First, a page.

Future of ag is focused on growth
By Zoe Martin Iowa Farmer Today | Posted: Thursday, December 27, 2012
Jim Carroll knows a lot about camping, urban renewal, golf and agriculture. Above all, the author, speaker and consultant knows change.
“It’s hard to explain what I do,” said Carroll, a “futurist.” “I walk into virtually every kind of organization and talk to them about trends — recently KOA Campgrounds on the future of camping and travel.”
Carroll has spoken at national meetings for mayors, PGA of America and the Walt Disney Co. He has also spoken at meetings for Syngenta, the USDA, Farm Credit Cooperative and the Texas Cattle Feeders Association predicting future trends in agriculture. Fittingly, No. 1 is growth.
“Ag is a huge growth industry,” Carroll said. “I always start with the basic premise production has to double. That’s the long-term reality.”
According to the Food and Agriculture Organization of the United Nations, farmers will need to produce 70 percent more food for an additional 2.3 billion people by 2050. Carroll said this calls for “a continuing ramp-up in efficiency.”
The quest for efficiency leads Carroll to his next main trend in ag, something he calls “hyper-science.”
“Certainly, acceleration of science, with pesticides, plant genomics, precision ag,” Carroll said. “There’s certain key trends that are common to all industries: Science is evolving faster. The next generation of kids who’ve grown up with computers think and act faster.”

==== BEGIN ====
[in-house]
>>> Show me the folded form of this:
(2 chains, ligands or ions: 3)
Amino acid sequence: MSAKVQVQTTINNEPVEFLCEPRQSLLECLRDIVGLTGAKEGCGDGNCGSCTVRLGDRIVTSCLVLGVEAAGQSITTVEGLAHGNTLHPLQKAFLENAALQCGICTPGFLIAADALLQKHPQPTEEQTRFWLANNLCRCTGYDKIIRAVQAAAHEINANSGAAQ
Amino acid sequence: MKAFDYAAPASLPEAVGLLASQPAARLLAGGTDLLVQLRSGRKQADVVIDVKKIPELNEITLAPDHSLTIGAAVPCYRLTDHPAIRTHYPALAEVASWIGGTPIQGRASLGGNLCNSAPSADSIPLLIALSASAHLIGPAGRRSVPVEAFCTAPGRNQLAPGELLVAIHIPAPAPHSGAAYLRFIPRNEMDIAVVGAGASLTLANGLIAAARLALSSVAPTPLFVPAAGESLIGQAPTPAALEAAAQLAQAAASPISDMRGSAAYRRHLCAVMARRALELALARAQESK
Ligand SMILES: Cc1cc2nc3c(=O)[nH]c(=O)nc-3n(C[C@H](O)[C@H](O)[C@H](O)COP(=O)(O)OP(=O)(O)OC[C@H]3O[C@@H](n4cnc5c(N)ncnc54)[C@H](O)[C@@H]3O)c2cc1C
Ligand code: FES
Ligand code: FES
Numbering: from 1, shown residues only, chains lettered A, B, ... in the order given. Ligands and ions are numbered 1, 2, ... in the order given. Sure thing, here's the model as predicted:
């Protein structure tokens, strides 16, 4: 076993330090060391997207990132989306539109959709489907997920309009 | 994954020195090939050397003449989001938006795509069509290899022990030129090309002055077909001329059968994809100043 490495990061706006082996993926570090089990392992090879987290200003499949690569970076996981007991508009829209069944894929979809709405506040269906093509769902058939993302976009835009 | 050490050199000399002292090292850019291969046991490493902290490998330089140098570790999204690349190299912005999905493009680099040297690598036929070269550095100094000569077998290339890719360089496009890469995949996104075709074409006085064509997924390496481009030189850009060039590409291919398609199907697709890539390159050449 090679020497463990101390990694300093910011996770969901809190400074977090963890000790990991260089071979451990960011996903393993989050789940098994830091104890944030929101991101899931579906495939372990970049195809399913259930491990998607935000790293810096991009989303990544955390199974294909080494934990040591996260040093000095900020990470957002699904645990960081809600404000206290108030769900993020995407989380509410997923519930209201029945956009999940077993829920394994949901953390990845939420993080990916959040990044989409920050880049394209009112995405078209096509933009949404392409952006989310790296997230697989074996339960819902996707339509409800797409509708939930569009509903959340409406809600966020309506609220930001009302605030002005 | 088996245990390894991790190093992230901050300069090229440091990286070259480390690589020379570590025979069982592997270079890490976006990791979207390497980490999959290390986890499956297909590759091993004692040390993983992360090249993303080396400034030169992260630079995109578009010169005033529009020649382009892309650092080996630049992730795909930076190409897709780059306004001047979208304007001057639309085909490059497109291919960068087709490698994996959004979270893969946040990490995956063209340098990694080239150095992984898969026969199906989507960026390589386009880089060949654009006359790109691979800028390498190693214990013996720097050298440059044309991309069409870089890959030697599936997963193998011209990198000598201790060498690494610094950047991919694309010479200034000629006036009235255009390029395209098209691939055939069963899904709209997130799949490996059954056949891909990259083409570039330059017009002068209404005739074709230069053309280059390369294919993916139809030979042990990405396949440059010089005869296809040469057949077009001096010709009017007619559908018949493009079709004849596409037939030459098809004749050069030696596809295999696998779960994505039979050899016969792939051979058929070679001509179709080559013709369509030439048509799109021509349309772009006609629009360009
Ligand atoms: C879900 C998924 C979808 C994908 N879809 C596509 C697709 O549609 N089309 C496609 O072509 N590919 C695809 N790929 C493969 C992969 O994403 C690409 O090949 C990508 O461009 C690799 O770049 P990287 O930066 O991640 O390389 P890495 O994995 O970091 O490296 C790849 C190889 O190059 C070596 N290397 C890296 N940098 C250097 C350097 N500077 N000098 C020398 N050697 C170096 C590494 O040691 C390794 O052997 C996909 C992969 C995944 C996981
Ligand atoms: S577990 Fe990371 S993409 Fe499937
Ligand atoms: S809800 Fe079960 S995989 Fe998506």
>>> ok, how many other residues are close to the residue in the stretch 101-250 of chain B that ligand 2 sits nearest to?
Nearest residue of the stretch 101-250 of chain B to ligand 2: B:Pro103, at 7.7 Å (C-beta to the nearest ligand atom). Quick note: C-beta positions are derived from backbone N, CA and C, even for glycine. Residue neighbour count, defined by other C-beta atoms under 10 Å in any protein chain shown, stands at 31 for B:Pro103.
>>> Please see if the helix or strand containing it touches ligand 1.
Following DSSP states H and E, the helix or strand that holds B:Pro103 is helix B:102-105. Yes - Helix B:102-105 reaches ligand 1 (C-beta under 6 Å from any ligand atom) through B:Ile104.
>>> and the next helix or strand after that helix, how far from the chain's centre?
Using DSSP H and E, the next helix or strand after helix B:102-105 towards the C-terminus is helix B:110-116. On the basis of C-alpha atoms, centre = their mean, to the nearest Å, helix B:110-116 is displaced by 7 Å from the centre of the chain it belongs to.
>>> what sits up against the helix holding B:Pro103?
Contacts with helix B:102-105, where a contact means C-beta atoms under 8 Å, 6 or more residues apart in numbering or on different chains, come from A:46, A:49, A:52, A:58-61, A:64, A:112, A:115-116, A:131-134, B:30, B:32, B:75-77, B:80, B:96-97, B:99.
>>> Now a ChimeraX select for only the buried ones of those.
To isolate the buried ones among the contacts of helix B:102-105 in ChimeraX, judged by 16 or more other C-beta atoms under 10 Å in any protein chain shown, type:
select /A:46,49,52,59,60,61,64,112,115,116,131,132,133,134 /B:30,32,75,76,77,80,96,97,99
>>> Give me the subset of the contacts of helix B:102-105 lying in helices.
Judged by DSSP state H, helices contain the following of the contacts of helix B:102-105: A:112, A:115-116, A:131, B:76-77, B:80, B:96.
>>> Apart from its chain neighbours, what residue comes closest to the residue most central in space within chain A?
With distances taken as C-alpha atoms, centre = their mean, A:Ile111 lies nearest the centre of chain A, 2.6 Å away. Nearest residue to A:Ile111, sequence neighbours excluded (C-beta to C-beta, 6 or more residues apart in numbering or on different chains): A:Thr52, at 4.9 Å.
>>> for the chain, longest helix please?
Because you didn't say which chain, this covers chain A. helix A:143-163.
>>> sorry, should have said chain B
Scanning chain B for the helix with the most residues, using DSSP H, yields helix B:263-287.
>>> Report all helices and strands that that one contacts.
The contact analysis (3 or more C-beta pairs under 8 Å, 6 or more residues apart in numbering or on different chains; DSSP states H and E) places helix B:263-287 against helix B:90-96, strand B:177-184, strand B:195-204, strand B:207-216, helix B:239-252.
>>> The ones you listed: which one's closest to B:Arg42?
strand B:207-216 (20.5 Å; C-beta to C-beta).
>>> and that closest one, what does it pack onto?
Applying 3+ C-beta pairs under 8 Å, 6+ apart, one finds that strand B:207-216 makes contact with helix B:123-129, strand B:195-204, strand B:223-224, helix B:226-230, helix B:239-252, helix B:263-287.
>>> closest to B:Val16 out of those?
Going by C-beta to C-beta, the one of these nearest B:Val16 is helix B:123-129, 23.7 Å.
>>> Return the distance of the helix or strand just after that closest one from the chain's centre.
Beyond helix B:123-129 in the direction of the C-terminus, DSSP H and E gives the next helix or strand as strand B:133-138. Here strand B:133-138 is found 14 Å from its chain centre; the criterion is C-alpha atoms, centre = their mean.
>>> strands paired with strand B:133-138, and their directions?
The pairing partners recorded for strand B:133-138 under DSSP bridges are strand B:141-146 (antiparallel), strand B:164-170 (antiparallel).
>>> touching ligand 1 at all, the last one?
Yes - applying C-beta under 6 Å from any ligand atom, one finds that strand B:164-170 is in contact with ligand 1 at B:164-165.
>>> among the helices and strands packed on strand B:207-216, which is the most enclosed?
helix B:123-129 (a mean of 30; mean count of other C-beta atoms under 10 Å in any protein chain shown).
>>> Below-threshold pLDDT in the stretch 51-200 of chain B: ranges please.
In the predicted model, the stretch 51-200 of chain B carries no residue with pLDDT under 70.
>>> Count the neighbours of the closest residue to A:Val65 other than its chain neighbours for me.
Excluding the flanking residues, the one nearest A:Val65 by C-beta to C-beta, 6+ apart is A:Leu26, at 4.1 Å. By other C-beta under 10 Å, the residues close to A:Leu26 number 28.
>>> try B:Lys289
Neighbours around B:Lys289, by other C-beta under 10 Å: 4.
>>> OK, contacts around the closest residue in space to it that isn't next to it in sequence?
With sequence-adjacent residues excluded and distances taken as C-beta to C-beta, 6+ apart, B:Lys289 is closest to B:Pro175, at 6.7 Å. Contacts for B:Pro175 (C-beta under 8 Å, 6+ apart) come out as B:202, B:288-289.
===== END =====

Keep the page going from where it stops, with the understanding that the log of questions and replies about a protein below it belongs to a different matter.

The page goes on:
Carroll’s work is based on intensive research of the industry he’s targeting along with these universal trends.
His third focus when speaking to ag audiences is on generational transformation.
“The third big thing is younger kids taking over family farms,” Carroll said. “Give me a 25-year-old farmer with a Mac in his combine and iPhone connected to his hip — he’s willing to try what ever tech John Deere will put out there.”
Carroll also points out more specific changes in agriculture in the last 10 years that will affect the industry during the next 10.
There is the “energy opportunity.” There will be an expected $1.2 billion in new income for farmers and rural landowners involved with new energy sources required under Department of Energy mandates, Carroll said.
Convenience and health will take center stage, Carroll predicted in 2005, and that has proven true as consumer tastes and expectations change. These expectations are also driving innovations in packaging and labeling for more traceability.
Carroll is optimistic about the future of agriculture—it’s one of the prerequisites of a job as a futurist.
“It’s all upside,” he said, though some farmers will complain about current volatility or the rate of change in the industry.
“There’s a quote I often use on stage, ‘Some people see future trends and see a threat, innovative people see that and see opportunity,’” Carroll said. “There will be people who prefer to see world slow down.”
In agriculture, that’s not an option, and Carroll pushes this in his speaking engagements
“Innovation defines success,” he has said, and “adopting new methodologies, products, partnerships and ideas” will help farmers thrive.